By: 31 January 2024
Government proposes re-introducing tribunal fees

The government is proposing re-introducing tribunal fees in employment tribunals and appeals.

This proposal will undergo a consultation period lasting eight weeks, from January 29, 2024, to March 25, 2024. The key principles behind the scheme are consistency with the approach in other courts and tribunals, similarity to the civil courts that already charge fees, and the need to generate resources for the efficient functioning of the tribunal system.

 

Paul Kelly, head of employment at Blacks Solicitors, shares his insights on the history of employment tribunal fees and how the new government scheme will affect access to justice.

“In 2013 the coalition government of the Conservatives and Liberal Democrats introduced the employment tribunals and the employment appeal tribunal fees order 2013, with the purported aim of un-clogging the traditionally fee-free employment tribunal (ET) service by deterring spurious claims and those without any real prospect of success. Under this fee regime, claimants would be required to pay fees upon issuing their claim, then again at various stages in the litigation.”

“The supreme court handed down its judgement in July 2017 that the introduction of the fees had been unlawful as they prevented access to justice. The practical impact of the fee regime was to price out many potential claimants and, consequently, the number of ET claims plummeted by 53% after the first 12 months of its operation.”

“Despite this troubled history with ET fees, it appears that the government is trying again to introduce a fee system into both the ET and the employment appeal tribunal. However, this time the proposal is that claimants will pay a one-off, flat fee of £55 per claim. It is anticipated that the new fee (if implemented) will cover a claim’s entire journey through the ET, however any appeal will incur another payment of £55.”

“So, if it comes to pass, will the new fee regime be a fairer system for all and help to clear the backlog of unmeritorious claims? Or will it instead decimate the overall number of claims brought (both good and bad) as it did before? Only time will tell.”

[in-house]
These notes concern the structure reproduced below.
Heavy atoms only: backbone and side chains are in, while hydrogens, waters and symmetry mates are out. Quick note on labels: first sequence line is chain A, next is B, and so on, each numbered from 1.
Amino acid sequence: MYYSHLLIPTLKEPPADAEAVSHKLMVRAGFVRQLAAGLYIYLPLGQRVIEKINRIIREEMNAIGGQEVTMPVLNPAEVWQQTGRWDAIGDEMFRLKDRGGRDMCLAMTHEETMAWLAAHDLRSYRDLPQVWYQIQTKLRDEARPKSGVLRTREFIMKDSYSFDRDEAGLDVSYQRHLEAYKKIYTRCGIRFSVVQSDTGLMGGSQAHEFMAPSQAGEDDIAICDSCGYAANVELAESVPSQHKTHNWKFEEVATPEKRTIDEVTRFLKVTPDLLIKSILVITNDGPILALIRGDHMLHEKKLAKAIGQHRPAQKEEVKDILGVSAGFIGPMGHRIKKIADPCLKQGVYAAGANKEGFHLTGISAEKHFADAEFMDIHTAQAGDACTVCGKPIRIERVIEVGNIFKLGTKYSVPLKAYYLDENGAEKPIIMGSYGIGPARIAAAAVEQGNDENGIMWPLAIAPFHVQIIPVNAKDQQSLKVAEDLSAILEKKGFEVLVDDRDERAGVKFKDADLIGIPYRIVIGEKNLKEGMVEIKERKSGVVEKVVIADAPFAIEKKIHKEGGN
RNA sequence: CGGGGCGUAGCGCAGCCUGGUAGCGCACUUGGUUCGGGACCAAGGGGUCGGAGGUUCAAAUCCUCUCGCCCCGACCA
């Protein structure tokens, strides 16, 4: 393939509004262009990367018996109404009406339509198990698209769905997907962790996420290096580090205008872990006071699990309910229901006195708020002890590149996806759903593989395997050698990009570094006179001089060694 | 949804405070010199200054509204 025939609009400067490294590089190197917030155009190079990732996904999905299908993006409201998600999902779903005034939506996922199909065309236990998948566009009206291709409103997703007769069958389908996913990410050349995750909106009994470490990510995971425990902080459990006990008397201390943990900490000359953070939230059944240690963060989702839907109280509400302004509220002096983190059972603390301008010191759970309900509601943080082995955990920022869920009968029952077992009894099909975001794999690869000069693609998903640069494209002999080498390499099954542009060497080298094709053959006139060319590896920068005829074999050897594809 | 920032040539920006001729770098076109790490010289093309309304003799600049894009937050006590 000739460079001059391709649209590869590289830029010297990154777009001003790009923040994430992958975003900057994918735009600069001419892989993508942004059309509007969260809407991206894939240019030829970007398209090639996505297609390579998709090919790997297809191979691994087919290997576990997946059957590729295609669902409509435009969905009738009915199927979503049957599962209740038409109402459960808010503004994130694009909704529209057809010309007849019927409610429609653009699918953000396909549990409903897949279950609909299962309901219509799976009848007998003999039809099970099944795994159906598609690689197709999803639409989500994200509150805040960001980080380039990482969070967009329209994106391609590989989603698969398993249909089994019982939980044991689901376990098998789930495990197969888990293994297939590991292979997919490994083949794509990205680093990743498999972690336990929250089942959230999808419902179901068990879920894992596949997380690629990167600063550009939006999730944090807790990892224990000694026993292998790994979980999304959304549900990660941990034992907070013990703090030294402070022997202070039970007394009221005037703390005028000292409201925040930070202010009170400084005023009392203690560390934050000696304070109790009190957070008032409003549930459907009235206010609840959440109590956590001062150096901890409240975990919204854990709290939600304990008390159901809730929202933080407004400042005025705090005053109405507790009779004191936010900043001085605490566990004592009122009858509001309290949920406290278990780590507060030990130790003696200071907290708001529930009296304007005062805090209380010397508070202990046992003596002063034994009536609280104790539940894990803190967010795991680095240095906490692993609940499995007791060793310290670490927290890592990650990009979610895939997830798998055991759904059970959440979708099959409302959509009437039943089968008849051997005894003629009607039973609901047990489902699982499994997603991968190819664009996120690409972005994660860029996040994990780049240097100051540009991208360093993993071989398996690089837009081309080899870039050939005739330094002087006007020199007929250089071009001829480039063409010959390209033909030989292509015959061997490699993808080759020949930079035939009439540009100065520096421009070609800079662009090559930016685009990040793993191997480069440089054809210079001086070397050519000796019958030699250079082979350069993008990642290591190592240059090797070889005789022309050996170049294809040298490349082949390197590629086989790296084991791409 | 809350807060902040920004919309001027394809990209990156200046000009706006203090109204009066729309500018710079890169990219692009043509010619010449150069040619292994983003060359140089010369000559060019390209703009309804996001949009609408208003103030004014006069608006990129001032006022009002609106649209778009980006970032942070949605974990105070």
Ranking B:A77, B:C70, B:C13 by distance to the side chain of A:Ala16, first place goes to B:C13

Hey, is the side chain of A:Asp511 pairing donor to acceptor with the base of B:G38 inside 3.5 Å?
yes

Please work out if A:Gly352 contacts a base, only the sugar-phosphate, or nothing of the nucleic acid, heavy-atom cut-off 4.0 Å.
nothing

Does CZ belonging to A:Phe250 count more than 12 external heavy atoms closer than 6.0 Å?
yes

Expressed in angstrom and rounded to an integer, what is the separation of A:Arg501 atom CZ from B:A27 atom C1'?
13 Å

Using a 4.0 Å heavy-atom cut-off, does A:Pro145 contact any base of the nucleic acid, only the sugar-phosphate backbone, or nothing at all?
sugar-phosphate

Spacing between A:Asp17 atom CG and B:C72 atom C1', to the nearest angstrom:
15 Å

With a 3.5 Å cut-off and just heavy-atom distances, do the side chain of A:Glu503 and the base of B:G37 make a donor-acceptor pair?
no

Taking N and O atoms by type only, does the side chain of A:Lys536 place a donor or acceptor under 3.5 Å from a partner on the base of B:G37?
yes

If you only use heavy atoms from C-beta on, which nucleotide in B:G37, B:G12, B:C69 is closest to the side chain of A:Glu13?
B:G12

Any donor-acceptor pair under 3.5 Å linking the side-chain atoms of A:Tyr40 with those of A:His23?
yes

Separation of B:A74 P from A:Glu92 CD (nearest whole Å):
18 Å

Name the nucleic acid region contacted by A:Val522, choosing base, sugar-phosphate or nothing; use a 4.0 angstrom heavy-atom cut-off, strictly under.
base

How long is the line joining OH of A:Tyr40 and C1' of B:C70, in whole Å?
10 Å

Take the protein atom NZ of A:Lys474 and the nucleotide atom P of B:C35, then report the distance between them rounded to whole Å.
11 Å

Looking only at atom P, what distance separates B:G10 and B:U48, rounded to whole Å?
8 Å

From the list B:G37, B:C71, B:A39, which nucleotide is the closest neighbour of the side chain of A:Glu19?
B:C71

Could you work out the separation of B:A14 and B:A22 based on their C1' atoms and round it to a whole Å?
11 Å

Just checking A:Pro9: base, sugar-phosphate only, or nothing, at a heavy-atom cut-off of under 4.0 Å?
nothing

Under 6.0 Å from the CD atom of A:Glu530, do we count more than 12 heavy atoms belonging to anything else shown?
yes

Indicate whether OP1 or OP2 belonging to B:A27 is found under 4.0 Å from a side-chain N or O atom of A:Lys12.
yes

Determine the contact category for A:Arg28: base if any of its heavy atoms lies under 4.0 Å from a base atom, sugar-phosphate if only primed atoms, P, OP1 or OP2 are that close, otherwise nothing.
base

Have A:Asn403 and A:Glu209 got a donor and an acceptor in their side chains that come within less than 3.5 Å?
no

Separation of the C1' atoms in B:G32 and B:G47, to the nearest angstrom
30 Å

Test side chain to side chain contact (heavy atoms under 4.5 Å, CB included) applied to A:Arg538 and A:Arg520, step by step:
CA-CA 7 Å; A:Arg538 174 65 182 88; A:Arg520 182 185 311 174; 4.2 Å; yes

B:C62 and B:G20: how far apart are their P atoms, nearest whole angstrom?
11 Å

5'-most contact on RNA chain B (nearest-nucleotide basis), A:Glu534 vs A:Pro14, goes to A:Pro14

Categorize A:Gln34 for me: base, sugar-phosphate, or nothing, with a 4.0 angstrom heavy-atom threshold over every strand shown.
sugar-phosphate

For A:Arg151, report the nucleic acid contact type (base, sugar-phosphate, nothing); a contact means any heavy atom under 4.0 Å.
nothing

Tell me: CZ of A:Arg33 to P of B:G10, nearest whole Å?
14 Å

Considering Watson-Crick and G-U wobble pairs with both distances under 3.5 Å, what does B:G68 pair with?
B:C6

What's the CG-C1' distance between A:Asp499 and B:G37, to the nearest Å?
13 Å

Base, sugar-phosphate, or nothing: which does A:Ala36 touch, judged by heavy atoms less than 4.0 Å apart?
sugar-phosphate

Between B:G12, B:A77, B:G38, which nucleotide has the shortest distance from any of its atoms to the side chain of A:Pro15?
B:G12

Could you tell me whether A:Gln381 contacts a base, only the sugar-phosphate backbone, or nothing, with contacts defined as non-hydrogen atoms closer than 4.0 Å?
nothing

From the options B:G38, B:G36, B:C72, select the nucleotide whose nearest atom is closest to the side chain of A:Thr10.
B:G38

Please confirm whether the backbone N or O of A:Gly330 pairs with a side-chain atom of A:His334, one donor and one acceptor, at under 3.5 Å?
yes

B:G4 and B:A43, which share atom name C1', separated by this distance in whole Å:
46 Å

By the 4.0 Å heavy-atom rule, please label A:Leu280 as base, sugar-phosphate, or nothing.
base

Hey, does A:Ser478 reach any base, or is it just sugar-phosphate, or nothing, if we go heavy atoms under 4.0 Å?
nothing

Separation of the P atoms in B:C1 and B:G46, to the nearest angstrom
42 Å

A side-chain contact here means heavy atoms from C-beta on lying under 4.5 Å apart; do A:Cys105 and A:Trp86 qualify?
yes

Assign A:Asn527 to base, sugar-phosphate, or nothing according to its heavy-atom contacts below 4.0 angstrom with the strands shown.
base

The government proposal emphasises that charging fees aligns with the general policy principle of recovering full costs. The HM Treasury handbook ‘managing public money‘ outlines this.

This approach aims to prevent the government from profiting at the expense of consumers. It also aims to ensure that unnecessary costs do not burden taxpayers. Charging modest fees is considered a way to contribute to covering the costs of operating the ET and EAT services and making resources available.

The consultation acknowledges the Lord Chancellor’s duty to protect access to justice. It also clarifies that a fee remission scheme (help with fees) is available for those unable to afford fees. The government emphasises that the Lord Chancellor’s exceptional power to remit fees also provides an additional safeguard for those facing financial difficulties.

The three key principles underlying the proposed fees are affordability, proportionality, and simplicity. The government is arguing that the proposed fees of £55 are generally affordable for claimants and appellants. This is taking into account the revised help with fees remission scheme.

 

Image: Paul Kelly, head of employment at Blacks Solicitors.
Emma Cockings
Emma is the content editor for Yorkshire Legal News. Emma is an experienced writer with a background in client-centric personal injury law for a major firm. She has attended and reported on numerous high-profile legal events in Yorkshire.